Sanjay Verma,Executive Managing Director- South Asia,Cushman & Wakefield believes that given the current financial and economic scenario globally,its difficult to assess how much further downside is there from a global perspective and how much time will the recovery take.
He says that a lot depends on the commitment demonstrated by the new government,post elections in April-May 2009,towards reforms,liberalization and infrastructure spending,in an interview to Praveen K Singh.
•How do you assess the current market scenario when the global meltdown erodes the market capitalisation of Indian real estate companies?
The severe beating that real estate stocks have taken in the public equity markets could be attributed to three main reasons. Firstly,the global financial crisis led by the sub-prime issue caused major international investors to cut exposure to the real estate sector globally. Secondly,due to the severe economic downturn,demand has slowed down and hence profitability and in turn,stock values have taken a hit. Last but not the least,many of these listed real estate companies are overly leveraged and their ability to service that debt is under question. This has further eroded their stock value as it creates a question on the survival of these companies. Given the current sentiment,the prospects are expected to continue to be bleak for some time to come as there has been a structural negative change in the perception.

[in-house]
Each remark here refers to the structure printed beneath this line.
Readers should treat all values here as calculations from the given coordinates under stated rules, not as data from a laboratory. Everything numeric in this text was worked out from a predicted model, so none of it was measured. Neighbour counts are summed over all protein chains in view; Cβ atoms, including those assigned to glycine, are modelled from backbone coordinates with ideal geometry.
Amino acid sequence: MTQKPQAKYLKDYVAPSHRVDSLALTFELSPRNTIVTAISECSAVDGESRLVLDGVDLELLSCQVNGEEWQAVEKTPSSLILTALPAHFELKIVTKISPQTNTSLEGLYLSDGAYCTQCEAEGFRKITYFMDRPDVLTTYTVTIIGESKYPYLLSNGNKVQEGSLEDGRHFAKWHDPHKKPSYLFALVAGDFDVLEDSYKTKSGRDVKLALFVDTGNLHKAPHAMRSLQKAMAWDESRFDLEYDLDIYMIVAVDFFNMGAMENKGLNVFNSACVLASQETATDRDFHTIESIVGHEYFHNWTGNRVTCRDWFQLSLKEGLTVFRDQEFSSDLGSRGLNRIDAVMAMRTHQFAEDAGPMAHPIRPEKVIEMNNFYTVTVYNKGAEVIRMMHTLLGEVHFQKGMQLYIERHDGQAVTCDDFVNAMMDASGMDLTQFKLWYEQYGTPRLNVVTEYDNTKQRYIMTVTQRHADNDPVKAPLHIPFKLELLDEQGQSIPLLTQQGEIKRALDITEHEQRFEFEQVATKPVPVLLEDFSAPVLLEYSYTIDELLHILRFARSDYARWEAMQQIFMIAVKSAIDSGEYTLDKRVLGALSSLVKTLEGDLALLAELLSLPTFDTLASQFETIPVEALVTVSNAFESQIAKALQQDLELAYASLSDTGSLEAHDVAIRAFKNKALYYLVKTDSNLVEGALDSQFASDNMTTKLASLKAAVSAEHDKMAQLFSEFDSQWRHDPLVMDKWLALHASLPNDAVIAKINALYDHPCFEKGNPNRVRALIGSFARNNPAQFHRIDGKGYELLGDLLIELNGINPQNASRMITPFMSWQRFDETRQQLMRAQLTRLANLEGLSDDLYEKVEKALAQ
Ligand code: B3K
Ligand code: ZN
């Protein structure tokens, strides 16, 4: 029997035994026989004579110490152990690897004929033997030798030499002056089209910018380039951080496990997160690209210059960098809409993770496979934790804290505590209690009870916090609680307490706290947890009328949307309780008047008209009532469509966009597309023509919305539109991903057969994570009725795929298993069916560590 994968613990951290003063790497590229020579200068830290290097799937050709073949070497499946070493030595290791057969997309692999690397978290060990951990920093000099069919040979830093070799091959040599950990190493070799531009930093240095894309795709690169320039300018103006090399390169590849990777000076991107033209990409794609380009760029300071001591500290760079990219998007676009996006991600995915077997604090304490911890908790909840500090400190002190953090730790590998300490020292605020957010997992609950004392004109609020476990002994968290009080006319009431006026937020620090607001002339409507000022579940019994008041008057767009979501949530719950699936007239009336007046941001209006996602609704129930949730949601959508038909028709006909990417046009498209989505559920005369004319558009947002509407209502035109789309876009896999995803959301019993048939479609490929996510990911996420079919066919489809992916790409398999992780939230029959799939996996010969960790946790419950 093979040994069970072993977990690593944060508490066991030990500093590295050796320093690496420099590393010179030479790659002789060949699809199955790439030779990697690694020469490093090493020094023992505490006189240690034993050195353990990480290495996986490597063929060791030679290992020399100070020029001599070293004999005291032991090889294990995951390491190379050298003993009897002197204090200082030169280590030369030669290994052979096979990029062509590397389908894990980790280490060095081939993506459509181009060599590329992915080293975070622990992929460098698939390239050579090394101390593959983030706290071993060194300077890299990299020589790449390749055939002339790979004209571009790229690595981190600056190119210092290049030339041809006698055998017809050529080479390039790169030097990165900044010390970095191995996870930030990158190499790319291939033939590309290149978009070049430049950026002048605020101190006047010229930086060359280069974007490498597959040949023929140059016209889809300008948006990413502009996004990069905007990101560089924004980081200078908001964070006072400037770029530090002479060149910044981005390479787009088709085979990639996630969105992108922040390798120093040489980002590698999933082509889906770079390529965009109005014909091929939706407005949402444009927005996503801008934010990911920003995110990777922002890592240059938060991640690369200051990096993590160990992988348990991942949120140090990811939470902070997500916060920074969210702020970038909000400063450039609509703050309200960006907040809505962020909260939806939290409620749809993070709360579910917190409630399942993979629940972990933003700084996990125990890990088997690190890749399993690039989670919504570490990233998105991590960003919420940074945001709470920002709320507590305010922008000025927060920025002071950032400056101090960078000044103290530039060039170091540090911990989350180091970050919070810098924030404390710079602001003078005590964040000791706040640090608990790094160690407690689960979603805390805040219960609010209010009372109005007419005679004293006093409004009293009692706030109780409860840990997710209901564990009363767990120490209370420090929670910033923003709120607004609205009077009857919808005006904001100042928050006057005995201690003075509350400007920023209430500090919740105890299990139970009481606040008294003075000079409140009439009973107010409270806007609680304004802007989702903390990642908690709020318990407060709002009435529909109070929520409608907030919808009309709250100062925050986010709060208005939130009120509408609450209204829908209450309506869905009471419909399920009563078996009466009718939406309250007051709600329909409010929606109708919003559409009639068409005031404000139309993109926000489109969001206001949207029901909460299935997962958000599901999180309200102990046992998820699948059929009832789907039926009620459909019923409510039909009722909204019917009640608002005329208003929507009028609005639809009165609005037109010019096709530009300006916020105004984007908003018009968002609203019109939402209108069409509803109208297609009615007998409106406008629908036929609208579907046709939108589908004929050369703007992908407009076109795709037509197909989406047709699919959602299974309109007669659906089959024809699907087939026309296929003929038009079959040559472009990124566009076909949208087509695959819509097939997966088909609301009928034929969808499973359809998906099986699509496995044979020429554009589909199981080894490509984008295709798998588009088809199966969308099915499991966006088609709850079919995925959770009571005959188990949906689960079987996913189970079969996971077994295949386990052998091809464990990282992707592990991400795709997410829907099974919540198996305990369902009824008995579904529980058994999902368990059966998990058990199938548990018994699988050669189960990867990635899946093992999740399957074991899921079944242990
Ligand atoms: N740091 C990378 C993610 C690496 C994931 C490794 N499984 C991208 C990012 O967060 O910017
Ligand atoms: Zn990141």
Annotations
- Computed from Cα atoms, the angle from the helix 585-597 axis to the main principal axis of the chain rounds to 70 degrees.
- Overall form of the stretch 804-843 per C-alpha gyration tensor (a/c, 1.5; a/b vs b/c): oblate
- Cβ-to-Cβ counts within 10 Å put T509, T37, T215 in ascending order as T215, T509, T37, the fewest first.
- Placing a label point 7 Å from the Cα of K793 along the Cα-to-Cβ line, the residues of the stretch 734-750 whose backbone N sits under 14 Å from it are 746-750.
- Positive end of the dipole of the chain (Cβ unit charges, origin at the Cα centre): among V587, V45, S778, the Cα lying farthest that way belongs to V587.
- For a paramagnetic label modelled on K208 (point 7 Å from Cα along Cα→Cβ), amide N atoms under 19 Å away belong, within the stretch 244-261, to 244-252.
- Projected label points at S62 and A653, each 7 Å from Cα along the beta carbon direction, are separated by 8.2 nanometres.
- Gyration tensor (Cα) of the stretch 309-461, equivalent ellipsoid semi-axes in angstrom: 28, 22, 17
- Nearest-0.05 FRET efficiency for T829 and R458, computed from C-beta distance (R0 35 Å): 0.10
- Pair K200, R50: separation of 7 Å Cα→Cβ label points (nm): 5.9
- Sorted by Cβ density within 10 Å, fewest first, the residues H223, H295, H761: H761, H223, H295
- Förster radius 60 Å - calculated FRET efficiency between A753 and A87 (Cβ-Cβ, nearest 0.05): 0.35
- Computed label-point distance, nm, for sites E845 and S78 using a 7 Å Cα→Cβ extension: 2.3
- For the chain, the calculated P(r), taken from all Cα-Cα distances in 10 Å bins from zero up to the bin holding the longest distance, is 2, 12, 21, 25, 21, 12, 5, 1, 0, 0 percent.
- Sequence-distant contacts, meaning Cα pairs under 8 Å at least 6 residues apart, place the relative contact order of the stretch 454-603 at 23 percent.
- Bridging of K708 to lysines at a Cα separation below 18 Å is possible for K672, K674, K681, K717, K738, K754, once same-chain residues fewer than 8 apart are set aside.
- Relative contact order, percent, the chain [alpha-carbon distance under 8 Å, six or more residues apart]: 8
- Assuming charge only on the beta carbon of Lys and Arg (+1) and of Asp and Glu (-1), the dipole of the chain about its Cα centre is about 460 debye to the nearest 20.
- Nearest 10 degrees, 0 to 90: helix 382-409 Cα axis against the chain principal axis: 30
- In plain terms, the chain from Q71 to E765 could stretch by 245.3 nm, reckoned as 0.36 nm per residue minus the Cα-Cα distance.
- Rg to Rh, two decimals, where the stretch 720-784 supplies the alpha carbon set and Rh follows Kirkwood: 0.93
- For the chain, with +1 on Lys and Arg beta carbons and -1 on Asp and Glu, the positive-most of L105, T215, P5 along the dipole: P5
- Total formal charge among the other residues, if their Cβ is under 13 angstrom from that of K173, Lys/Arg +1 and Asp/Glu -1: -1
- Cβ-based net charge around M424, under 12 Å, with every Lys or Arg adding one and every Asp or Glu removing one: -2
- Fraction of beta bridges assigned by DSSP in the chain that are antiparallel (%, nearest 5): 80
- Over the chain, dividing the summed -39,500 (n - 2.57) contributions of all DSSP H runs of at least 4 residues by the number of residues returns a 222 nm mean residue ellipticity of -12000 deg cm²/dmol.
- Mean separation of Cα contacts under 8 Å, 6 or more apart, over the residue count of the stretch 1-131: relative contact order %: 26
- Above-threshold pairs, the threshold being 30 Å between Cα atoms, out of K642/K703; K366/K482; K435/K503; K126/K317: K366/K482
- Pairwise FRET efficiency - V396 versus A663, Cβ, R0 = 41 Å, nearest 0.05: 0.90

•What sense you are getting from international investors about the current scenario in India?
International investors have made strong commitments to India in the last three years. However,in wake of the current global financial melt down with real estate values taking significant beating in western world,general sentiment in the international investment community is that they should focus on their core markets such as US and Europe where they are getting deals that offer much higher returns than ever before. Hence,on a risk adjusted basis,their return expectations from emerging markets like India have gone up (say from 20-25 per cent to 30-35 per cent.)
•Is it the right time to scale up investment activities in India,as valuations are expected to be down to more realistic levels?
The market is currently in a flux with clear slowdown in demand. While the values have dipped to some extent,investors will have to be very selective in choosing their investment targets. Investors with a long term focus will tend to benefit more that those with shorter horizons as the fundamentals are strong but short term uncertainties create challenges for investors.
•When do you think situation will improve?
Given the current financial and economic scenario globally,its difficult to assess how much further downside is there from a global perspective and how much time will the recovery take. Yet,on basis on economic growth potential,India is expected to fare much better that most other economies. There are number of factors which make India a unique and attractive case for investment.
Some of those include the demographic advantage (young middle class),very low mortgage to GDP ratio,significant demand for infrastructure and room for policy level intervention to stimulate demand. A lot depends on the commitment demonstrated by the new government,post elections in April-May 2009,towards reforms,liberalization and infrastructure spending. If all goes well,we expect 2010 to see at least the beginning of the recovery process.